Boris is not shy, but he is a bit prickly. He enjoys being the center of attention and squeals with indignation if anyone tries to remove him from the limelight. He loves bananas and his large, porcine nose wriggles with contentment as he bites into one.
A group of artists, designers and fabricators surround Boris on a recent Friday at Jim Henson’s Creature Shop in Burbank.
“What color is his tongue?” one asks, leaning in to observe the lithe muscle as it darts out of his diminutive mouth for a taste of fruit.
Another studies his whiskers, marveling at the way they cover his velvety muzzle.
Boris is not an unfortunate male model for an uncouth new Muppet, he is a 21-year-old Brazilian porcupine — a visiting ambassador to the legendary puppet-making shop as it works to build what might be the world’s largest animal puppet, most certainly the largest porcupine puppet. (The puppet has been submitted for certification to the Guinness Book of World Records.)
Named Percy the Porcupine, the two-story creation is covered in 2,000 foam quills and has an articulated nose the size of a 2-ton Volkswagen. And that’s just the arboreal animal’s head. The five fabricators who spent more than 1,000 hours meticulously constructing the fantastical creature decided to leave the body out of the equation.
With a 40-foot circumference, it’s Percy’s cranium — which will be operated by five performers pulling various strings to open and close his orb-like eyes, move his maw and pull his face back and forth — that will bring joy to the children the puppet was built to entertain.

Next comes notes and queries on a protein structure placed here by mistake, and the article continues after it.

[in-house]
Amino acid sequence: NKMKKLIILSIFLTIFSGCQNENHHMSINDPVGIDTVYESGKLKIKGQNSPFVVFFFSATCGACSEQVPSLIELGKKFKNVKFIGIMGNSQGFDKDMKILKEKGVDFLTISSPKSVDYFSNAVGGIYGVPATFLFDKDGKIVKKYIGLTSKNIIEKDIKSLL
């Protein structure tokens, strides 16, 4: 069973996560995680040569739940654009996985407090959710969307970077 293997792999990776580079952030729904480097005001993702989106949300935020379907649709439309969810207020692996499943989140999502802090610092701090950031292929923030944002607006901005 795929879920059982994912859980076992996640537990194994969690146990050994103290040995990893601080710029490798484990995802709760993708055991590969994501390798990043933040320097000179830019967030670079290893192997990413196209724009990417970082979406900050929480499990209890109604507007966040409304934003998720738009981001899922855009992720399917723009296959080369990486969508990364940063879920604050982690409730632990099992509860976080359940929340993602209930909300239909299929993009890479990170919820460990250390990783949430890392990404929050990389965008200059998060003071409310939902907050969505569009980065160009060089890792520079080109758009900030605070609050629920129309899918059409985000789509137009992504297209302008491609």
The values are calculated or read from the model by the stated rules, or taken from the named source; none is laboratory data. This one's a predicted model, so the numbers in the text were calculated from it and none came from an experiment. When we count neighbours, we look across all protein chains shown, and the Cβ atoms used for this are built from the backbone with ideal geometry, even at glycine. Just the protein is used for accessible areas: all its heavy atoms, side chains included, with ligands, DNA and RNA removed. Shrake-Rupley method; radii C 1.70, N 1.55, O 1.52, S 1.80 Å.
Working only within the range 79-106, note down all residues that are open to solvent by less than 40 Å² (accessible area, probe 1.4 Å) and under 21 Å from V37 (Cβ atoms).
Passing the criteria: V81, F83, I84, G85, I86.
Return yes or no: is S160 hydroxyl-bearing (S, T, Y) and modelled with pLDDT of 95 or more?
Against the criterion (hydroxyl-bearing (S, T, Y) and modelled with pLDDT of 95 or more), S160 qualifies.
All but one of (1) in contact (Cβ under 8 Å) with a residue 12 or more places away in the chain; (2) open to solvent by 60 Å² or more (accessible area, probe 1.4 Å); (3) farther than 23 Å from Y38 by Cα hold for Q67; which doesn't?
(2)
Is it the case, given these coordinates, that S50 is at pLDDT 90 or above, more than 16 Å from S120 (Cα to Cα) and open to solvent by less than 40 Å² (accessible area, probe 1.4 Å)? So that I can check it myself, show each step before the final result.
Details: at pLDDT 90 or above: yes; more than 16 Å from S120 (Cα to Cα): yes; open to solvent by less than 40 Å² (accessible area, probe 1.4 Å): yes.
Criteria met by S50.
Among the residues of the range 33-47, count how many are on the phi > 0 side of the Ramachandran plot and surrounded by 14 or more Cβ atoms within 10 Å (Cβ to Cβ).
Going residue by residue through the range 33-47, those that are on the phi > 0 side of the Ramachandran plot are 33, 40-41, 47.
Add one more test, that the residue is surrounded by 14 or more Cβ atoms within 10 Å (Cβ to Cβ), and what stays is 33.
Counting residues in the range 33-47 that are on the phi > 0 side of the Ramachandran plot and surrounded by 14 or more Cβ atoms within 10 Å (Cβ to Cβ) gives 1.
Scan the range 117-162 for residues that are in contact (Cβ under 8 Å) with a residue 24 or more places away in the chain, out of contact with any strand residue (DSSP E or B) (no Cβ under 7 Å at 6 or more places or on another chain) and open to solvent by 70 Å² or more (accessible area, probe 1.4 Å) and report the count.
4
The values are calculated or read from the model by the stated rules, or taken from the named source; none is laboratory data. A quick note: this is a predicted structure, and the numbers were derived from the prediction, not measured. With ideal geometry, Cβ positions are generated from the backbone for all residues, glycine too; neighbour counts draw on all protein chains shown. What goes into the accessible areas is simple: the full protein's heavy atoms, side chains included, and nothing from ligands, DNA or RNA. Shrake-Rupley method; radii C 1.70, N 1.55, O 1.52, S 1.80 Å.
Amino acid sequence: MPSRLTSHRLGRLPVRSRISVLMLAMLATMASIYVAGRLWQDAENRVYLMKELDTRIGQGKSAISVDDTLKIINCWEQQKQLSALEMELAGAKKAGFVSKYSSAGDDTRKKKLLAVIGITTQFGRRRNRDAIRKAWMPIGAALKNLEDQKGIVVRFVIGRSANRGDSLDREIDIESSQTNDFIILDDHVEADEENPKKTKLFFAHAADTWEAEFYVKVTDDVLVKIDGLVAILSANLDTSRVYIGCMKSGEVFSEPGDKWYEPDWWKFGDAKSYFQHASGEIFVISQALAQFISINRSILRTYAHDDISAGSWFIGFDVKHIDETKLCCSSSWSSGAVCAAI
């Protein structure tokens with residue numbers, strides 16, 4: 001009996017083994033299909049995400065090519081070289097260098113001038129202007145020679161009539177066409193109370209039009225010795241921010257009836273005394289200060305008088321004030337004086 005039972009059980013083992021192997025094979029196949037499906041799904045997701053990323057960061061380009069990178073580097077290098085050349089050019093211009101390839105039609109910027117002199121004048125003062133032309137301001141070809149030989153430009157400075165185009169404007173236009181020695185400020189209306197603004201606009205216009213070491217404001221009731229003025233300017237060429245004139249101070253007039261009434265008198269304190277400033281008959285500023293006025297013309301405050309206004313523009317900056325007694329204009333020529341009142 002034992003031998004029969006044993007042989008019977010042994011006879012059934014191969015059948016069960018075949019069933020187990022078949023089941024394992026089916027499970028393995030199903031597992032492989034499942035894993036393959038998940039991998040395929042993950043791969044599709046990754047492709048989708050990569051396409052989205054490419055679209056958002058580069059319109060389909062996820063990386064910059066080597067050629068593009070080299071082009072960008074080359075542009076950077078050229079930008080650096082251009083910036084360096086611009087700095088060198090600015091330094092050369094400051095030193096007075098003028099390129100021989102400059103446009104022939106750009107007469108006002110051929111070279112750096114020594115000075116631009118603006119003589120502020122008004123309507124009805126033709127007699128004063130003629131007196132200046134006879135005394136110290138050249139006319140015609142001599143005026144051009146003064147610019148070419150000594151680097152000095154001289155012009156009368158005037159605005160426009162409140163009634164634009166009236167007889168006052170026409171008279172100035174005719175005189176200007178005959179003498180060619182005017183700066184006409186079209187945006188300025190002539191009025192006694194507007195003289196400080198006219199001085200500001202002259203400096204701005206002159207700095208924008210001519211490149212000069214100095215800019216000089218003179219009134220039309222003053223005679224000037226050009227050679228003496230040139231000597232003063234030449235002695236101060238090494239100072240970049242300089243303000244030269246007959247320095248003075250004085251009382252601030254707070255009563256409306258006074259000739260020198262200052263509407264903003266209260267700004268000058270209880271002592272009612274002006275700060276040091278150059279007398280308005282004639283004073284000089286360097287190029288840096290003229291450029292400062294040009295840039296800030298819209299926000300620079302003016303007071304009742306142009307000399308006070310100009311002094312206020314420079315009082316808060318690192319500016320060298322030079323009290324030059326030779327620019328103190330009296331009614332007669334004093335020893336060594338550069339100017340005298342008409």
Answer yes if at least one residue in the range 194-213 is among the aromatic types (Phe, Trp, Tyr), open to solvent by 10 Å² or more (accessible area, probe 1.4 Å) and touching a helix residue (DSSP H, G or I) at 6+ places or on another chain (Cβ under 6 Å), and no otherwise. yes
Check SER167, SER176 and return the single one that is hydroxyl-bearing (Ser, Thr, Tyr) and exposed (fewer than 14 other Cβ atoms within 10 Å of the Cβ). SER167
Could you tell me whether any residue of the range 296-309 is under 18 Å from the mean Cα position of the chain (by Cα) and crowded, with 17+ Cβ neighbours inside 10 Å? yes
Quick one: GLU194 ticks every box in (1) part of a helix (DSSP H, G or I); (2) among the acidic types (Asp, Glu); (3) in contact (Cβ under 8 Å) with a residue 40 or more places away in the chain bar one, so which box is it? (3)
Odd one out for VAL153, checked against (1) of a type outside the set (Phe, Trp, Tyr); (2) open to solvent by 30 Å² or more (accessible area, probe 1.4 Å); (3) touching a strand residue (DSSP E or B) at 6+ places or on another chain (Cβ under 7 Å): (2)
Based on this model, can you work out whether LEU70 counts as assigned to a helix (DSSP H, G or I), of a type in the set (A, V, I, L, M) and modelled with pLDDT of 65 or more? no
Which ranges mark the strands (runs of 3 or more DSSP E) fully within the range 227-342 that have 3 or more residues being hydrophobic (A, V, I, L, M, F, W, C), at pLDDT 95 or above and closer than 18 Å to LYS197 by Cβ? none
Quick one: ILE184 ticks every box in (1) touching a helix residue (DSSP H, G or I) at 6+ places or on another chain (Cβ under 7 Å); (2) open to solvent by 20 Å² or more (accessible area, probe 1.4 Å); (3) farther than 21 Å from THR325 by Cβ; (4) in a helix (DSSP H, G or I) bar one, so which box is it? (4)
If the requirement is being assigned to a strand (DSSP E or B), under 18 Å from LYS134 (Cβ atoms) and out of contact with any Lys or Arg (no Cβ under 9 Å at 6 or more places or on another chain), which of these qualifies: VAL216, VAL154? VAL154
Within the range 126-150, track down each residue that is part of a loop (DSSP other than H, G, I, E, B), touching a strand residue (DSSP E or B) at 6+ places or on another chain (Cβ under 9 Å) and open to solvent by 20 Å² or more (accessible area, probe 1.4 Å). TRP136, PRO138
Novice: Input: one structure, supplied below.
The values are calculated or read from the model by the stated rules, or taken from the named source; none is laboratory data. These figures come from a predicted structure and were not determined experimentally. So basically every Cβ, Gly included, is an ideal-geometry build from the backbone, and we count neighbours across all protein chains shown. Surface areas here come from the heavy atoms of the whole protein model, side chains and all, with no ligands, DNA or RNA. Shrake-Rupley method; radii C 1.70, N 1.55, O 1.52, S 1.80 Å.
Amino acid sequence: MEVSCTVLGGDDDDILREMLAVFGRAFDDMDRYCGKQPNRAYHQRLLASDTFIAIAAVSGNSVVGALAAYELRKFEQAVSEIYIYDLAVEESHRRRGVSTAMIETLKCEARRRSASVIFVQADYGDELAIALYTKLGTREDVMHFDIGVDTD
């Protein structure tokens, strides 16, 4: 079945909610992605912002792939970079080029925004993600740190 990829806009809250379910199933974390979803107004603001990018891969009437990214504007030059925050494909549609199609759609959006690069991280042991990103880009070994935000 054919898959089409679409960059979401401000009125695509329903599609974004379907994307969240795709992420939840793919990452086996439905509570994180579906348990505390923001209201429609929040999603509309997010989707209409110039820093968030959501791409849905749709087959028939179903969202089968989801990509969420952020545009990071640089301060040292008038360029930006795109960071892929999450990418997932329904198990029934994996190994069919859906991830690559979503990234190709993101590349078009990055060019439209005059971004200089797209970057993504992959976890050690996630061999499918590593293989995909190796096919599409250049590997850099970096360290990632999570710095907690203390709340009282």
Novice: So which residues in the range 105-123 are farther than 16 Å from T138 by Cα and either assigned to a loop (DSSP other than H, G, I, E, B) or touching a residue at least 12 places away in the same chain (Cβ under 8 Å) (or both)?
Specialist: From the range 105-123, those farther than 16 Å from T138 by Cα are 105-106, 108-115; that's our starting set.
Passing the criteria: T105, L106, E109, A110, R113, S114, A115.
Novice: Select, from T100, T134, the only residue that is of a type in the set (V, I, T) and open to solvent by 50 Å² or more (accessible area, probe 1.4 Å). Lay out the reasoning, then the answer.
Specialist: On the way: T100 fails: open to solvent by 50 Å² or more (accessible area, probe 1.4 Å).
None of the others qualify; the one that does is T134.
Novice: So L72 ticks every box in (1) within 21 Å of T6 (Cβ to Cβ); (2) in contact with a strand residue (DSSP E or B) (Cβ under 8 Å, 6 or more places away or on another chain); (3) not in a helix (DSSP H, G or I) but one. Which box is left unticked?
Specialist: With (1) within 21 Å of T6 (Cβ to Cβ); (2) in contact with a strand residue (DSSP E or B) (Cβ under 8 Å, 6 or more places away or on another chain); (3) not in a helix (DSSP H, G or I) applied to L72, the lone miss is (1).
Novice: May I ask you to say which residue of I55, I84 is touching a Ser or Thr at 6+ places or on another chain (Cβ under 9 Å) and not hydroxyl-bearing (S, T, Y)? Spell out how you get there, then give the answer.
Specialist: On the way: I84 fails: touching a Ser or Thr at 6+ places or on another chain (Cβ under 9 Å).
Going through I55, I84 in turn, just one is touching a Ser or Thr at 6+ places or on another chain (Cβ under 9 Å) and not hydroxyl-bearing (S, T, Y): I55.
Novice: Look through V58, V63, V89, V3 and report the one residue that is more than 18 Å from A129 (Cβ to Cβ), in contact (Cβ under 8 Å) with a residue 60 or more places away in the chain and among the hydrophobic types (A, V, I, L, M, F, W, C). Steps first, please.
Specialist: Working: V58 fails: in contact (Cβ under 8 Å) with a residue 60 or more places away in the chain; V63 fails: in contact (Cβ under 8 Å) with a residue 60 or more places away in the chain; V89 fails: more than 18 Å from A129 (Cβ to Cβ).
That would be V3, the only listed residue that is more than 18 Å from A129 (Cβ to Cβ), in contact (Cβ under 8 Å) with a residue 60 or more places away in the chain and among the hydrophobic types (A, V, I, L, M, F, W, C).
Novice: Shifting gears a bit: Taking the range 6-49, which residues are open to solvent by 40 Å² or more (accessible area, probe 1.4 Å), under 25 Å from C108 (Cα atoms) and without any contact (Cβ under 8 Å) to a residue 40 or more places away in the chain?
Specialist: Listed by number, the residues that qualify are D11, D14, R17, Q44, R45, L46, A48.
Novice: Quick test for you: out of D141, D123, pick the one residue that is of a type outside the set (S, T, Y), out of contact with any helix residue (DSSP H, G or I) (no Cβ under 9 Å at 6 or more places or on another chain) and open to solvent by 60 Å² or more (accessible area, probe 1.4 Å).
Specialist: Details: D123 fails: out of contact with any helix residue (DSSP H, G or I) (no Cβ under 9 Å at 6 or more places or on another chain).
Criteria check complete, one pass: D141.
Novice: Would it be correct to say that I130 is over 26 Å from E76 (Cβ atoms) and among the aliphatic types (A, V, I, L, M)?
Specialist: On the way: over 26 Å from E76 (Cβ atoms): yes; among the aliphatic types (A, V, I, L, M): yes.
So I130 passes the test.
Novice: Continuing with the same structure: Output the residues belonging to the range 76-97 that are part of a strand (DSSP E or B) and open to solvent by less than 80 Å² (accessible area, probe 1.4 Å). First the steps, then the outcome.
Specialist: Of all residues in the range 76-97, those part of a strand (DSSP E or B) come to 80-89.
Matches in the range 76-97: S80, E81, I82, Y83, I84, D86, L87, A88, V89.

The San Diego Zoo commissioned Percy over the holidays in celebration of the grand opening of a new 3.2-acre attraction called Wildlife Explorers Basecamp, which will welcome families beginning March 11.
Wildlife Explorers Basecamp cost more than $88 million to build and features four interactive habitat zones: Desert Dunes, Wild Woods, Marsh Meadows and Rainforest. Each area doubles as a natural play space where kids are encouraged to get up close and personal with a variety of animals, including porcupines, sloths, salamanders and butterflies via nature-themed pathways, bridges, tunnels, spiral staircases, waterways and climbing structures.
“Our goal is to inspire the youth of the world,” says San Diego Zoo wildlife ambassador Marco Wendt, who stands in a conference room beside a small 3-D-printed foam model of Percy’s head that was made to ensure the patterns created for the giant puppet were accurate. “Jim Henson’s Creature Shop does the same. So it’s the perfect collaboration.”
Wendt shares that his parents are from Mexico, and that as a first-generation American, he learned English in part from cartoons and Jim Henson movies.
Peter Brooke, creative supervisor for the Creature Shop, smiles broadly beneath his face mask as Wendt talks.
“The reason we said ‘yes’ is that we’ve never had such a challenge,” says Brooke. “It could’ve been simple but ‘no,’ they decided on a porcupine.”
On this warm day in mid-February, Percy is still a work in progress. Boris, meanwhile, sits on a tree branch in front of the puppet, clearly relishing his flesh-and-blood superiority.
Fabricators, including Tina Roland, labor on Percy’s 2,000 quills, which are hand carved out of pool-noodle-like foam using a variety of sharp knives, box cutters and razors. It will take more than 10 gallons of paint to give all of the quills their signature brown stripes.